Researchers at the University of Virginia School of Medicine are currently working on a new approach to combat a number of cancers. They estimate its effectiveness to be about 100 times higher than any other known therapy.
Member of the Department of Biochemistry and Molecular Genetics and the UVA Cancer Center, assistant professor Jogender Tushir-Singh is the one spearheading the project. In a recent article, he explains his “two-headed arrow” approach in tackling the disease.
“The microenvironment is highly hypoxic, anergic and, particularly in the case of ovarian cancer, some unusually large receptors form a protective fence around tumor cells, so even if the immune cells reach there, there are many obstacles”, said Dr. Tushir-Singh.
Immunotherapy is a new form of cancer treatment, where mutated or artificial antibodies are introduced to help augment the patient’s own immune system in the fight against the disease. While results so far look very promising, and a new wave of medication based on these compounds has just been approved, this option does have some drawbacks. It is limited mostly to solid tumors and only certain forms of cancer.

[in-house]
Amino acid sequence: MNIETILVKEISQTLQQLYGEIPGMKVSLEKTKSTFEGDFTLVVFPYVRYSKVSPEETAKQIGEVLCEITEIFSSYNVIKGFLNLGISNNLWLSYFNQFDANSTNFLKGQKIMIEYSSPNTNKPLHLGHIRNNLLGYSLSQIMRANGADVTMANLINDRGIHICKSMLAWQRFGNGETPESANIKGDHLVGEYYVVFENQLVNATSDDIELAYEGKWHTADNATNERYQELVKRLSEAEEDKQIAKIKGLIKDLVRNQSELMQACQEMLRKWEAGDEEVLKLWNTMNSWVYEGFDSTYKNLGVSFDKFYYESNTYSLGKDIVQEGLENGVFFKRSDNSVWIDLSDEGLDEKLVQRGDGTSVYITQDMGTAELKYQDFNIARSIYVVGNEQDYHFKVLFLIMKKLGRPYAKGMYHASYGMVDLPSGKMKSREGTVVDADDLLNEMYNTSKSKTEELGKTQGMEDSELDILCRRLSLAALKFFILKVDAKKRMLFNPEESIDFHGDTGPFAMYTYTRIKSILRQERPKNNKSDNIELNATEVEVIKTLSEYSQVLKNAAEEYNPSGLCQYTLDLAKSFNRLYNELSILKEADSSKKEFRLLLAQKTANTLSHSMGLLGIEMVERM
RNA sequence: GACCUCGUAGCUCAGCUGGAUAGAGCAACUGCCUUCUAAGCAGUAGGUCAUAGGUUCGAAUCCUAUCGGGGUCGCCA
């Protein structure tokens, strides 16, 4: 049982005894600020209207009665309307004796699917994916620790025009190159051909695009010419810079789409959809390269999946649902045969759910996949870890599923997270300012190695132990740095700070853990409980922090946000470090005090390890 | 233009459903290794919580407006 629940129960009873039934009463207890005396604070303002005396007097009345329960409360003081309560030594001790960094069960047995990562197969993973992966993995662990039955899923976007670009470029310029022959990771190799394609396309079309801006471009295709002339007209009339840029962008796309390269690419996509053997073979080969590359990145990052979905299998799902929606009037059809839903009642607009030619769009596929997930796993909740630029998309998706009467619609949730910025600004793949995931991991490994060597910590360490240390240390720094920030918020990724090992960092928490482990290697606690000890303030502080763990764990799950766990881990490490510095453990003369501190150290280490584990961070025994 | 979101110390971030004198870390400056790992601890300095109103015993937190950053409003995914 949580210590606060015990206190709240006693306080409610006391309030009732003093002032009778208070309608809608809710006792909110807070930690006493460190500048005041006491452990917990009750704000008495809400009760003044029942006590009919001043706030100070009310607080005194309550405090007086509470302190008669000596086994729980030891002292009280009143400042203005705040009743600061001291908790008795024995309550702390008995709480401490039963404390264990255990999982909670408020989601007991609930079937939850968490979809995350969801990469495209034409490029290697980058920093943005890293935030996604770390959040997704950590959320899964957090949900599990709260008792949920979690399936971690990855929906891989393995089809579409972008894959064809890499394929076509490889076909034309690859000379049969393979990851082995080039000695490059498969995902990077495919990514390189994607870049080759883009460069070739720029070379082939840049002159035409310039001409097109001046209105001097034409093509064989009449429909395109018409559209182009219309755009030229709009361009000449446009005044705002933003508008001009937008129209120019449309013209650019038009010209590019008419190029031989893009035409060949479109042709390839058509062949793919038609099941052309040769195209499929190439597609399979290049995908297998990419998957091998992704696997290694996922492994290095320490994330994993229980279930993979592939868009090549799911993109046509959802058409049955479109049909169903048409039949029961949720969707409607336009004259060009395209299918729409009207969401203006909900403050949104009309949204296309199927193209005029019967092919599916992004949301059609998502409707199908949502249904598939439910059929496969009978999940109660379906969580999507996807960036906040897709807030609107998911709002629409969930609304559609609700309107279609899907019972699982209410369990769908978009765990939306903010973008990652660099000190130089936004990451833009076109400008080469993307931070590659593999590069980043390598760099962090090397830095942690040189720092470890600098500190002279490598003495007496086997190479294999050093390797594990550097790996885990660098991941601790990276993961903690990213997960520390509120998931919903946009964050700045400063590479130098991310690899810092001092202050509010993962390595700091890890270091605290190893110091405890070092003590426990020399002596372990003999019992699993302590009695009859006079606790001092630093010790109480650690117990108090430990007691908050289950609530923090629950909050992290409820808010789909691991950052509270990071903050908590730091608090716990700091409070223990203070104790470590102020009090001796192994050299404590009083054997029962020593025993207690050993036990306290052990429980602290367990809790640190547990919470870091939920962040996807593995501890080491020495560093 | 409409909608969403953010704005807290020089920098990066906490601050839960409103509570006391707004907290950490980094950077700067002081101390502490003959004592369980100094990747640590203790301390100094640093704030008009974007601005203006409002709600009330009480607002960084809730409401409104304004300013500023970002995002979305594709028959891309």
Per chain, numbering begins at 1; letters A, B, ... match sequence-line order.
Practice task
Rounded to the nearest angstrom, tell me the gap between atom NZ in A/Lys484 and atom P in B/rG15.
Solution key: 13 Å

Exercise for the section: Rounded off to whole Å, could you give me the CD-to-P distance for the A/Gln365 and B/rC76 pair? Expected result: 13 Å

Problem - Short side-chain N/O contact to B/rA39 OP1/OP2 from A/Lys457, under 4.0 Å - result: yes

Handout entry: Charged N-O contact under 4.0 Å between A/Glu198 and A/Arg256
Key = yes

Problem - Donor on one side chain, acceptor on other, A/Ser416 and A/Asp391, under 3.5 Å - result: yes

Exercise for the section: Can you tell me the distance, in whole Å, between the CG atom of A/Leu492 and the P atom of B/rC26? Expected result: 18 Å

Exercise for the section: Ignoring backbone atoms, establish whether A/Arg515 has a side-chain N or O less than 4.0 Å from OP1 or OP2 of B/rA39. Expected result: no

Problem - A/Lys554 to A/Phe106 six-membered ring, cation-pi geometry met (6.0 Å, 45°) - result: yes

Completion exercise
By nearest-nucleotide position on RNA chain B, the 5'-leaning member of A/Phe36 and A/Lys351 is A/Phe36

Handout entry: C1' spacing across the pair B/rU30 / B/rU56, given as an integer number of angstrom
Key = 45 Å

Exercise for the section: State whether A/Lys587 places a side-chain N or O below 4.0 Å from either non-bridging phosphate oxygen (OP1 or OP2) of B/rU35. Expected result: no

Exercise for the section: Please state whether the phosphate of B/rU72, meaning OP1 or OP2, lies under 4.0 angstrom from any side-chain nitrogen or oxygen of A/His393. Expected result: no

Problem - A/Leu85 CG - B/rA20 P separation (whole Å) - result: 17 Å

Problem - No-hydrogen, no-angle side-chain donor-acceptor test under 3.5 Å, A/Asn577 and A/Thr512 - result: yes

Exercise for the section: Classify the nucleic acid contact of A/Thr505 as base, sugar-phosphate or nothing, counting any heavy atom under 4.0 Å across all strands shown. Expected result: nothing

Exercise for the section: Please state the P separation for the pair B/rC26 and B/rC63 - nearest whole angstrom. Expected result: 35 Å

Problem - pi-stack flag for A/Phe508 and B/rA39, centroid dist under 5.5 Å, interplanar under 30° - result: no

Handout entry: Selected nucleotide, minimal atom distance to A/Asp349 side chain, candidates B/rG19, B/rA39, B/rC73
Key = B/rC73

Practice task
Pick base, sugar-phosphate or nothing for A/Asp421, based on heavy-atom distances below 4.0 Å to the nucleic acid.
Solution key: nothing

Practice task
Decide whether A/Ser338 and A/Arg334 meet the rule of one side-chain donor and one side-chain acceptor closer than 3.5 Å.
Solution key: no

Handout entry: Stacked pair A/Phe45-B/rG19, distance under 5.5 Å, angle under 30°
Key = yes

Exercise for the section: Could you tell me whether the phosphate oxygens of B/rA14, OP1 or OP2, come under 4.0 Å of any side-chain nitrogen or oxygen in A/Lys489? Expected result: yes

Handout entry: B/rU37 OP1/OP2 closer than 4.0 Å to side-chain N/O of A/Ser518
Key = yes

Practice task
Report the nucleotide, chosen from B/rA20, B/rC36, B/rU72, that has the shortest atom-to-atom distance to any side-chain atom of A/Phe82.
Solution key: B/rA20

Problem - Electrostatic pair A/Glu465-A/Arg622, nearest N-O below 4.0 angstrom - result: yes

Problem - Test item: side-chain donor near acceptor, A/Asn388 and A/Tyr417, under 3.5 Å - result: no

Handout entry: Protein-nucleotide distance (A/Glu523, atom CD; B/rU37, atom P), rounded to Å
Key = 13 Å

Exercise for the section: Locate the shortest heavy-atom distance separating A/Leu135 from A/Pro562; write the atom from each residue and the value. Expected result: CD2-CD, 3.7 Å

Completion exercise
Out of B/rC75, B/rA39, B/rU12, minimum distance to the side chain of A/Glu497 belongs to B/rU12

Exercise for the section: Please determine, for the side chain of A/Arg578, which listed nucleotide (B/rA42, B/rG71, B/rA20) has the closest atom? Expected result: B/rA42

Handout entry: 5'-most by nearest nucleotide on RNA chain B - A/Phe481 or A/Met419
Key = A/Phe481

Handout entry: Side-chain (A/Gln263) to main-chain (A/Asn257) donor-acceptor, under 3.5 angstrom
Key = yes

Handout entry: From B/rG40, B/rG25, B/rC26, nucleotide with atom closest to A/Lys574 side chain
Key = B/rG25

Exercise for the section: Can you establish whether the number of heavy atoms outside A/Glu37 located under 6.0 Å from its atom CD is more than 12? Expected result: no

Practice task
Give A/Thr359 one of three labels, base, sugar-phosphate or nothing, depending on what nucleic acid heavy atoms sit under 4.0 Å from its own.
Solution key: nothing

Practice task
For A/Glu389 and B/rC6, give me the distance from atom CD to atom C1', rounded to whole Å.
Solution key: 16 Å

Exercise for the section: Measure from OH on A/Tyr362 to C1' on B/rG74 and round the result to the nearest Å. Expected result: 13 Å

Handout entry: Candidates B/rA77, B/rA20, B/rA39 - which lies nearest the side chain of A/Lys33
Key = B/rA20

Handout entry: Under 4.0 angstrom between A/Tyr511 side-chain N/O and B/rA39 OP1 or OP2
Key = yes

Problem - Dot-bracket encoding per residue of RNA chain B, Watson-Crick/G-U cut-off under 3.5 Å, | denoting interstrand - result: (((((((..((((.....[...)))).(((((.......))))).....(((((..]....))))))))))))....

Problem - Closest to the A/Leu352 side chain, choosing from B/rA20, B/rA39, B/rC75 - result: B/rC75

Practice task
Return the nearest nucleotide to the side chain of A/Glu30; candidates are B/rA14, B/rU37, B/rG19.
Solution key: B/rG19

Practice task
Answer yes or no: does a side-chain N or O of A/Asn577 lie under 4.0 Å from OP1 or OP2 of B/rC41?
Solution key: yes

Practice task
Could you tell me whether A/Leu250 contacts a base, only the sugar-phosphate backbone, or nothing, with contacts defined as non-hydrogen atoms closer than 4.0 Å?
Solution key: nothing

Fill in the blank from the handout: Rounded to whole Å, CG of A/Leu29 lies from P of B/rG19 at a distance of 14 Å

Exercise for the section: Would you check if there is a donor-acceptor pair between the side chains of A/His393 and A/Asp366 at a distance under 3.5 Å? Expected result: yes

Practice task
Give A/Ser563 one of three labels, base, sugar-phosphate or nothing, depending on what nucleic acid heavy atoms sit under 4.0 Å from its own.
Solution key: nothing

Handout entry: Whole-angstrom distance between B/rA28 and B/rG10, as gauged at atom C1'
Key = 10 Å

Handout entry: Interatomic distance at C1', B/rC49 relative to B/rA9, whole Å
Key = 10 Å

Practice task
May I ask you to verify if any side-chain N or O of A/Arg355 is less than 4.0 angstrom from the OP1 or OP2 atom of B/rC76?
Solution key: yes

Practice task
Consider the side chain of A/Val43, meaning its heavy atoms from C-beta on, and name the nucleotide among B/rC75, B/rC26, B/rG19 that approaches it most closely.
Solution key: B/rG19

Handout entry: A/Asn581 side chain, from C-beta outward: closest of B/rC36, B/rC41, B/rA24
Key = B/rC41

Dr. Tushir-Singh devised an ingenious two-pronged solution to significantly boost the engineered antibodies. One head of the antibody “arrow” targets the “death receptors” on cancer cells, causing them to die, the other focuses on a particular receptor, FLOR1, a well-known marker of poor prognosis in ovarian cancers.
This alternative seems to be ultra-effective and significantly less toxic on the liver. Additionally, if results remain constant, this might help improve the capability of other therapies and widen the use for other cancers, like breast, prostate and other tumors.
The procedure is still in the initial stages of therapeutic development, but will hopefully move to clinical trials, as soon as necessary funding is acquired.
Ovarian cancer is one of the leading causes of cancer-related deaths among women everywhere. Estimates from The American Cancer Society say that just in 2018, more than 22.000 new cases will be discovered, and the disease will claim more than 14.000 lives in the U.S. alone.